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Von Thury v. Von Thury

United States District Court, N.D. California

July 12, 2017

THOMAS VON THURY, Plaintiff,
v.
DORIS S. VON THURY, et al., Defendants.

          ORDER DENYING MOTION TO DISQUALIFY AND MOTION FOR SANCTIONS Re: Dkt. No. 12

          MARIA-ELENA JAMES United States Magistrate Judge

         Pending before the Court is Plaintiff Thomas Von Thury's Motion to Disqualify Counsel and for Sanctions. See Mot., Dkt. No. 12. Defendants Cecile Von Thury Nagy Wahl, Doris Von Thury, and Klaus Wahl (collectively, “Defendants”) filed an Opposition (Dkt. No. 14), and Plaintiff filed a reply (Dkt. No. 16)[1].

         The Court finds the Motion suitable for disposition without oral argument and accordingly VACATES the hearing scheduled for August 3, 2017. See Civ. L.R. 7-1(b); Fed.R.Civ.P. 78(b). For the reasons stated below, the Court DENIES Plaintiff's Motion in its entirety.

         A. Motion to Disqualify

         Attorney Jerome Synold represents Defendants in this action. See Opp'n. Plaintiff asks the Court to disqualify Synold, arguing Synold sent Plaintiff a misleading email that did not disclose he represents Defendants, thereby violating California Rule of Professional Conduct 1-400. See Mot.; see also Von Thury Decl. ¶¶ 4-11, Dkt. No. 12-1. Plaintiff does not attach the misleading email in question “due to the way Mr. Synold's website was configured.” Von Thury Decl. ¶ 12. Plaintiff does not explain the basis for his belief that the configuration of Synold's website affected Plaintiff's ability to retain emails sent to Plaintiff's own email address. He declares that, upon being informed by “a lawyer in Germany” that Synold represents Defendants, he “realized that Mr. Synold had been deceptive and that [Plaintiff] could very easily have disclosed confidences to him before learning the truth.” Id. ¶ 10. It is unclear why Plaintiff would have disclosed confidences to Synold, given his representation he deleted Synold's email as spam. Id. ¶ 8. In opposition, Defendants attach what Synold declares are true and correct copies of the only correspondence Synold sent Plaintiff before answering the Complaint.[2] See Opp'n at 4-5; id., Ex. A (cover email), Ex. B (letter); Synold Decl. ¶¶ 2-4, Dkt. No. 14. The letter explains Plaintiff's attempts to serve Defendants were defective, and that the letter “shall serve as an attempt to meet and confer with you regarding your attempted service of process. . . . [and] as an attempt to advise you of the defects associated with your intended service of process thereby allowing you to rectify the defects should you choose to do so.” Id., Ex. B. While Plaintiff is correct the letter does not explicitly state Synold represents Defendants, the Court finds that this is the only reasonable interpretation of the letter. The Court specifically disagrees with Plaintiff's argument that “it was perfectly reasonable from the content of Mr. Synold's email and the surrounding circumstances that it be understood as a solicitation for offering legal services which is why Plaintiff deleted it.” Mot. at 5. This argument is especially poorly taken given that Plaintiff has been “a practicing lawyer for over 40 years in multiple jurisdictions and courts” (id.) and the letter repeatedly mentions it is an attempt to meet and confer regarding the deficiencies of the Complaint and service thereof.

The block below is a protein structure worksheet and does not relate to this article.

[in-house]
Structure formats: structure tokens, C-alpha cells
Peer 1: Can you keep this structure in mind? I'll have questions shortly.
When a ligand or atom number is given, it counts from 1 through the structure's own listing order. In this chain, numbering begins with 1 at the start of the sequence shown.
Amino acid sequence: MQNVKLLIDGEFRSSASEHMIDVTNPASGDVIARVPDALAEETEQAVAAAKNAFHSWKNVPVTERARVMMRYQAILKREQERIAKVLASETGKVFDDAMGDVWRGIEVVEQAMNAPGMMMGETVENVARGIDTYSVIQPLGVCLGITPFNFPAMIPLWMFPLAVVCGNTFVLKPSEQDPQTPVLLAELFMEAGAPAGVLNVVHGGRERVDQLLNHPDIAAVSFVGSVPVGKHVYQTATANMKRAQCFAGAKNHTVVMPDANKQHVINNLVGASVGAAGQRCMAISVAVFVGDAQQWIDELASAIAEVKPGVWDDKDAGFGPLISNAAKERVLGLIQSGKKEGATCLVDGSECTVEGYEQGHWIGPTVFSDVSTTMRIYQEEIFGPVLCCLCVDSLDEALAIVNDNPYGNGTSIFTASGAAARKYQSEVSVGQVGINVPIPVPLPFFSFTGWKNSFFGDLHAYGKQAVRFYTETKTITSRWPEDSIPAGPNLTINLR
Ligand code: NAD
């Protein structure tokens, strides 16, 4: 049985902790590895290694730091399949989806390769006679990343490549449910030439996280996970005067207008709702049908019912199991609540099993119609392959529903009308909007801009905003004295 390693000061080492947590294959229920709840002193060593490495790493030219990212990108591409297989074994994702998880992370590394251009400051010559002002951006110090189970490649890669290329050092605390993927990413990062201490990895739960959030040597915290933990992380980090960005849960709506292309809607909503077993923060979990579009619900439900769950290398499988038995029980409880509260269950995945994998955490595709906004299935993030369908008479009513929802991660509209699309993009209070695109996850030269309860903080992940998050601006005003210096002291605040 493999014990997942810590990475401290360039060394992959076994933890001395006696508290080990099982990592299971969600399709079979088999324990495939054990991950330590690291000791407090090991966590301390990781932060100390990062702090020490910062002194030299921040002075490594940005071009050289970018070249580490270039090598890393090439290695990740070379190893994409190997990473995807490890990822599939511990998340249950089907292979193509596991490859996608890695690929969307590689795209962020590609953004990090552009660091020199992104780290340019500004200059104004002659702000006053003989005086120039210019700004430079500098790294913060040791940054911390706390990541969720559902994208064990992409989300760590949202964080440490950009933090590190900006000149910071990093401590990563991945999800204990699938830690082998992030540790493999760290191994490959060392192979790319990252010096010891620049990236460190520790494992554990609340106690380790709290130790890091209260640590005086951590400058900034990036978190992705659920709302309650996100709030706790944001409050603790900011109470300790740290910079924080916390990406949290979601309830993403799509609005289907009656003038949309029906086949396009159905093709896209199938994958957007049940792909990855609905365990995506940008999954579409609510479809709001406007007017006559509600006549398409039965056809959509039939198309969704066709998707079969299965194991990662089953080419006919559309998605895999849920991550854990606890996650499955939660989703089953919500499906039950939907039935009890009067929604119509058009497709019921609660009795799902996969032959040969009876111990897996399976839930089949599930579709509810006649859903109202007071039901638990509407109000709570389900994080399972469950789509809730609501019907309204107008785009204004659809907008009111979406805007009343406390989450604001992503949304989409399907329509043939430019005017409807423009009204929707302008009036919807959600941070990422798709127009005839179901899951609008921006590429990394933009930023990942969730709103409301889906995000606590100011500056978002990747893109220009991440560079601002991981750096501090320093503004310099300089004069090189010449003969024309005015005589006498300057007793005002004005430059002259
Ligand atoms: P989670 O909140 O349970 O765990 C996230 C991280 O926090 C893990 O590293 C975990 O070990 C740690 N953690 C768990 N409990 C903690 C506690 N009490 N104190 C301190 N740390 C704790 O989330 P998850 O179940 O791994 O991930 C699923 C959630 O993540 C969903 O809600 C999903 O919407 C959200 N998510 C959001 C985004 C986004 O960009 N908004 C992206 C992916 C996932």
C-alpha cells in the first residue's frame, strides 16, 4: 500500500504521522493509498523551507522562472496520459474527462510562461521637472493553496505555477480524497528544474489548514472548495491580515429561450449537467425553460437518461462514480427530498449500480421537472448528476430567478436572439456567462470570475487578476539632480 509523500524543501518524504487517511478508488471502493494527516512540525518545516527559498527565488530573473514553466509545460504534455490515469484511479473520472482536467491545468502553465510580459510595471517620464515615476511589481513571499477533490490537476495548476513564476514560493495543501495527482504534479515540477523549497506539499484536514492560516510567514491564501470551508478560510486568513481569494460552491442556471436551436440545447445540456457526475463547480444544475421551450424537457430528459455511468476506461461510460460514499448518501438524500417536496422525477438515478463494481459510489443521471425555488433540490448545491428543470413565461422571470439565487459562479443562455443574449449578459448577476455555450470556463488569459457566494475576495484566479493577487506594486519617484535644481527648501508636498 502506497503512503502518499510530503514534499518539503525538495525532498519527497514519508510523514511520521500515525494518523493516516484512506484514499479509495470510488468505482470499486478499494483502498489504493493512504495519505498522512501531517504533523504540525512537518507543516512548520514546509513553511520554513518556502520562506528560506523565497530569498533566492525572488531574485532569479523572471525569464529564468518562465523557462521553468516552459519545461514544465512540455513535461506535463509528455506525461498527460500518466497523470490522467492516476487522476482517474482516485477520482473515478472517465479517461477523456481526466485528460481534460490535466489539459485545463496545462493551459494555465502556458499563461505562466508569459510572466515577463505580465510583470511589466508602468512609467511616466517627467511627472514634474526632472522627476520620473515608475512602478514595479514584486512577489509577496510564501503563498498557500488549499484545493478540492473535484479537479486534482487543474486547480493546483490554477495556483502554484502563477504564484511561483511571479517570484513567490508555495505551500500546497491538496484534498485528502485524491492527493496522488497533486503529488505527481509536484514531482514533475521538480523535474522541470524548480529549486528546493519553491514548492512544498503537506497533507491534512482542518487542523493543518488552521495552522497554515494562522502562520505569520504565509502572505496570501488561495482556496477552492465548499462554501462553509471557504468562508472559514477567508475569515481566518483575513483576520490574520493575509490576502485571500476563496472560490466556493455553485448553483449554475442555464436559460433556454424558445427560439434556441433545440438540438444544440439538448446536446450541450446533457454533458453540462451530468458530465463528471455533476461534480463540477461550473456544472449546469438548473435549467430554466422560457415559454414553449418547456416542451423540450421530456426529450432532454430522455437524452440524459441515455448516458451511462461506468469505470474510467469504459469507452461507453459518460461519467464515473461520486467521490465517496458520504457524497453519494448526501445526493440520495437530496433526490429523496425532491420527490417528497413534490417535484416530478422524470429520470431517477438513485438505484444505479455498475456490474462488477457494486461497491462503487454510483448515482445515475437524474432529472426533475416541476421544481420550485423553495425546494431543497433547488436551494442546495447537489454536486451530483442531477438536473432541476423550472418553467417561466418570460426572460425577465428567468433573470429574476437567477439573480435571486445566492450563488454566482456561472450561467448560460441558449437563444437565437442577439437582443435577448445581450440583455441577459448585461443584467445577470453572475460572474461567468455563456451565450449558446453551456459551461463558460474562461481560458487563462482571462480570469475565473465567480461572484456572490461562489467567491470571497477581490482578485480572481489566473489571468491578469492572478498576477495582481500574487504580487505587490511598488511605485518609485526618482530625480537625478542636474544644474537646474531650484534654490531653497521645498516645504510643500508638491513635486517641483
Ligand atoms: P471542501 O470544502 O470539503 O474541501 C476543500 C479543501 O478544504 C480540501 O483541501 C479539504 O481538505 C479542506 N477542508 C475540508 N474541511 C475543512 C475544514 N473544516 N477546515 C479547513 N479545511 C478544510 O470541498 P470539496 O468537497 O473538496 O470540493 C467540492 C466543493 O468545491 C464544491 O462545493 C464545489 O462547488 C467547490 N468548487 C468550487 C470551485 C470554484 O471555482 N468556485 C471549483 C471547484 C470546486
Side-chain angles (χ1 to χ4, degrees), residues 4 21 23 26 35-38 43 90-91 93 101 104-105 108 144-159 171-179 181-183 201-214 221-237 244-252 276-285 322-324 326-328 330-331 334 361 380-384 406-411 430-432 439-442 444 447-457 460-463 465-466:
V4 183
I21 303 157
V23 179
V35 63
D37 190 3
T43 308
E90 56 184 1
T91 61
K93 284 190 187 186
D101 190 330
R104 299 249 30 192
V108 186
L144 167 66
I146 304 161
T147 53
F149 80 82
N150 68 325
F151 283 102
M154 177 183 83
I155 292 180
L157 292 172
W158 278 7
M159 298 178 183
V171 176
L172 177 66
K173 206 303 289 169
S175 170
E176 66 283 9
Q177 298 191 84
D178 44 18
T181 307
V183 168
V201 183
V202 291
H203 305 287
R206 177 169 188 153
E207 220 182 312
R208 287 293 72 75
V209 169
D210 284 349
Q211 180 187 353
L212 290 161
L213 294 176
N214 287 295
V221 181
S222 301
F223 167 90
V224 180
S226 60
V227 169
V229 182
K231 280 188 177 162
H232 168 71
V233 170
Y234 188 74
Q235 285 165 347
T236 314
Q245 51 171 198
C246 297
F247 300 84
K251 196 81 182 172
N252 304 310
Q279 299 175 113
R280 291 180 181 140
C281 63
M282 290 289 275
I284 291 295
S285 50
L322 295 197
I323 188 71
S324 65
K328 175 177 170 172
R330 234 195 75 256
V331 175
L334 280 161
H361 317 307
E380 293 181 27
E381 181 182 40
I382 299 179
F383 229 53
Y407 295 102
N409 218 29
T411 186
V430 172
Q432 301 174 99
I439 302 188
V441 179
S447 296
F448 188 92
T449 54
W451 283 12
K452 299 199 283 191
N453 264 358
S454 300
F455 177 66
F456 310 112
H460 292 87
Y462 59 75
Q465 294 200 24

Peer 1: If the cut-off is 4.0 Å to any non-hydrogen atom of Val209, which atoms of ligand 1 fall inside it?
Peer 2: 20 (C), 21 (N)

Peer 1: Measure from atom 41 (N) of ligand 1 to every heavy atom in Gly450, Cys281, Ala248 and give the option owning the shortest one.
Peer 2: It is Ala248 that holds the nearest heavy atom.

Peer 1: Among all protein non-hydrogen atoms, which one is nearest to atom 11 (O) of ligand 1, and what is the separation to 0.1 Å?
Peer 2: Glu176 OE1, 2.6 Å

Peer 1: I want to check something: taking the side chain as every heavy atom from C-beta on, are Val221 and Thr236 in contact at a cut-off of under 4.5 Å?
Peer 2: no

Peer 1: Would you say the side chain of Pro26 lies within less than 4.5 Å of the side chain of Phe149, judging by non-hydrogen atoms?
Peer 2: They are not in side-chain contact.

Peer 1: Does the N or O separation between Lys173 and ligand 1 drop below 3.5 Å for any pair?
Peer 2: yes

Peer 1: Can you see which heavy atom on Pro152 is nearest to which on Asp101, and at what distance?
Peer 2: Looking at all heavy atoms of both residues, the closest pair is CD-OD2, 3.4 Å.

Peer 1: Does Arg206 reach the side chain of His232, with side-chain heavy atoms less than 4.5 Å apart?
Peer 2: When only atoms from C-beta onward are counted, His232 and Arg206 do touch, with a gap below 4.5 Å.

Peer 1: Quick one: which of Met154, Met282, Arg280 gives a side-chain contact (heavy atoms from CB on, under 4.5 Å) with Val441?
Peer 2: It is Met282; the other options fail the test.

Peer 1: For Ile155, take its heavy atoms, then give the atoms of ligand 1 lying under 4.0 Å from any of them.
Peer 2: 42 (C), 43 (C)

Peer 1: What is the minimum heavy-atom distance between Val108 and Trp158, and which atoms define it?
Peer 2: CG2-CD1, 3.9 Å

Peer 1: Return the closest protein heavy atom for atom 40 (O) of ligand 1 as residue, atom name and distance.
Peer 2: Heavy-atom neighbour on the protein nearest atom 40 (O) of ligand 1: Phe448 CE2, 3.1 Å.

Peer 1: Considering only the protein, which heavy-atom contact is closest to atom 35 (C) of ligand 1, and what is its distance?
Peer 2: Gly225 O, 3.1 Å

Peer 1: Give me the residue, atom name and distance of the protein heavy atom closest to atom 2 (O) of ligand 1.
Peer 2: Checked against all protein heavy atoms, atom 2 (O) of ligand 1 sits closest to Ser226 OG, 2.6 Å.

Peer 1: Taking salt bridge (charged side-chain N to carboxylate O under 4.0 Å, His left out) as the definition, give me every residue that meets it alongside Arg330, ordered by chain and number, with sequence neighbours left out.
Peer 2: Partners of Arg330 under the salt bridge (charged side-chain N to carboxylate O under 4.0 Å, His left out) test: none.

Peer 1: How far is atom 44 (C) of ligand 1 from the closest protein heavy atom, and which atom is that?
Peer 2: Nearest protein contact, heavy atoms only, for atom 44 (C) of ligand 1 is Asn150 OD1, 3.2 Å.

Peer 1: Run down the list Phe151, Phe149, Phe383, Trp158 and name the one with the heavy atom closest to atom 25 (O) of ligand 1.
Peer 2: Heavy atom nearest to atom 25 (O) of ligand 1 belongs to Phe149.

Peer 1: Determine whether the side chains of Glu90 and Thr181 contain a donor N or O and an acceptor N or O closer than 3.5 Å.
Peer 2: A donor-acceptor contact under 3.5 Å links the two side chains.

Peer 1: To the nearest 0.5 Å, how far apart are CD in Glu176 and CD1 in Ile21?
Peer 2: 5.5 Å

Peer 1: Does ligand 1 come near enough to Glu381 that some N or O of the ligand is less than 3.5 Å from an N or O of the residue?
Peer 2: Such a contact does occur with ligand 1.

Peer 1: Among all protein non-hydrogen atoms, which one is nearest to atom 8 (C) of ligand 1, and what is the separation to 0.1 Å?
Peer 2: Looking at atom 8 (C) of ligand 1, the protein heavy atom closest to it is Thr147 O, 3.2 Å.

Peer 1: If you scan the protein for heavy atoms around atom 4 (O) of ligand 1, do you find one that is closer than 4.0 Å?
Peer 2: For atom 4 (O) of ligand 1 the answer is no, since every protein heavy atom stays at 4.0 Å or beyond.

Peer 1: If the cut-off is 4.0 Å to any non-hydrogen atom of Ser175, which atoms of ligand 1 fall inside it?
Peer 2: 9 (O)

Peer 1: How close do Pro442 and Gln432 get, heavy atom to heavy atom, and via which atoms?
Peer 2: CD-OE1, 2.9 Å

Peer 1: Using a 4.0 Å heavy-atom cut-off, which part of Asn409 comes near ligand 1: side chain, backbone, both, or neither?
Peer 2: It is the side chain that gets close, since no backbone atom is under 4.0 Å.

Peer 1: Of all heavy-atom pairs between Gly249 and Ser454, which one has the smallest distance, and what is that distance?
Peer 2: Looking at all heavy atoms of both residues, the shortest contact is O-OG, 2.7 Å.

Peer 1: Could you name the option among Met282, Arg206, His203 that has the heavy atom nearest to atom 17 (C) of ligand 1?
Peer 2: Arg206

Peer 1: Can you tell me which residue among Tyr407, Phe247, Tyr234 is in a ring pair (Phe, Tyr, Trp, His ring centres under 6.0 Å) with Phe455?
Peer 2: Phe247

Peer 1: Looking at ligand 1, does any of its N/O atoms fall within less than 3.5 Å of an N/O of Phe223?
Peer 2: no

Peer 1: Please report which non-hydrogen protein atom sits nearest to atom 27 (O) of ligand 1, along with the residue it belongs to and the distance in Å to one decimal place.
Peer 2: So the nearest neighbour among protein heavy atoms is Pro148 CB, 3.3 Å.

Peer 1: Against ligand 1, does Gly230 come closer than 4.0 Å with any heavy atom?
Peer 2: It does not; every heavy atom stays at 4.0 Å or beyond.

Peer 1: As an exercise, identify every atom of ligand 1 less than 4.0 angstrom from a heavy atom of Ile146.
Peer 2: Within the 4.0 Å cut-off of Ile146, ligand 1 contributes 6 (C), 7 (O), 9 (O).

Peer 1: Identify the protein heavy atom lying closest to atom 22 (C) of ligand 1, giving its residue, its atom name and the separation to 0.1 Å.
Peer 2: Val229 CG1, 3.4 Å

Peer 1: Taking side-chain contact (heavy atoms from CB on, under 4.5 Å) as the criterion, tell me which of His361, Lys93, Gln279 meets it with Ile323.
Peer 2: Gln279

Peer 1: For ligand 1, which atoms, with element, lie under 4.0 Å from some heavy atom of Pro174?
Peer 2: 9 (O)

Plaintiff has not shown Synold's letter contained any untrue statement; contained any matter which tends to confuse, deceive, or mislead the public; omitted to state any fact necessary to make the statements made, in light of the circumstances under which they are made, not misleading to the public; or failed to clearly indicate “expressly, or by context” that it is a communication or solicitation. See Mot. at 5 (quoting Rule 1-400(1)-(4)). Synold's inclusion of a standard polite closing inviting Plaintiff to contact him to discuss the contents of the letter does not “clearly” establish the letter is a solicitation. See Reply at 2. Plaintiff accordingly has not established any violation of Rule 1-400. The Court therefore DENIES the request to disqualify Synold as Defendants' attorney in this action.

         B. Plaintiff's Motion for Sanctions

         Plaintiff asks the Court to award him sanctions because Defendants declined to accept informal service of the Complaint and Plaintiff was forced to incur the expenses of serving Defendants pursuant to the requirements of the Hague Convention. Plaintiff may be able to recover the costs of international service if he prevails in this action; he may not recover these costs as a sanction for Defendants' insistence that Plaintiff follow the Hague Convention requirements for international service. See Fed. R. Civ. P. 54(d); Civ. L.R. 54-3 (“Fees for service of process by someone other than the marshal acting pursuant to Fed.R.Civ.P. 4(c), are allowable to the extent reasonably required and actually incurred.”). Moreover, Plaintiff recognizes that the mandatory cost shifting provision contained in Rule 4(d)(2) is inapplicable in this instance because Defendants are not located in the United States. Mot. at 7. The Court DENIES Plaintiff's request for sanctions. If he prevails in the action, he may seek to recover these costs at the conclusion of the suit.

         C. Defendants' Request for Sanctions

         Defendants include in their Opposition a request for sanctions based on Plaintiff's violation of Federal Rule of Civil Procedure 11. This is not procedurally proper. See Civ. L.R. 7-8. The Court denies without prejudice Defendants' request.

         The Court ORDERS Plaintiff to review Federal Rules of Civil Procedure 1 and 11, and ORDERS all parties to review the Local Rules of this Court.

         IT IS SO ORDERED.

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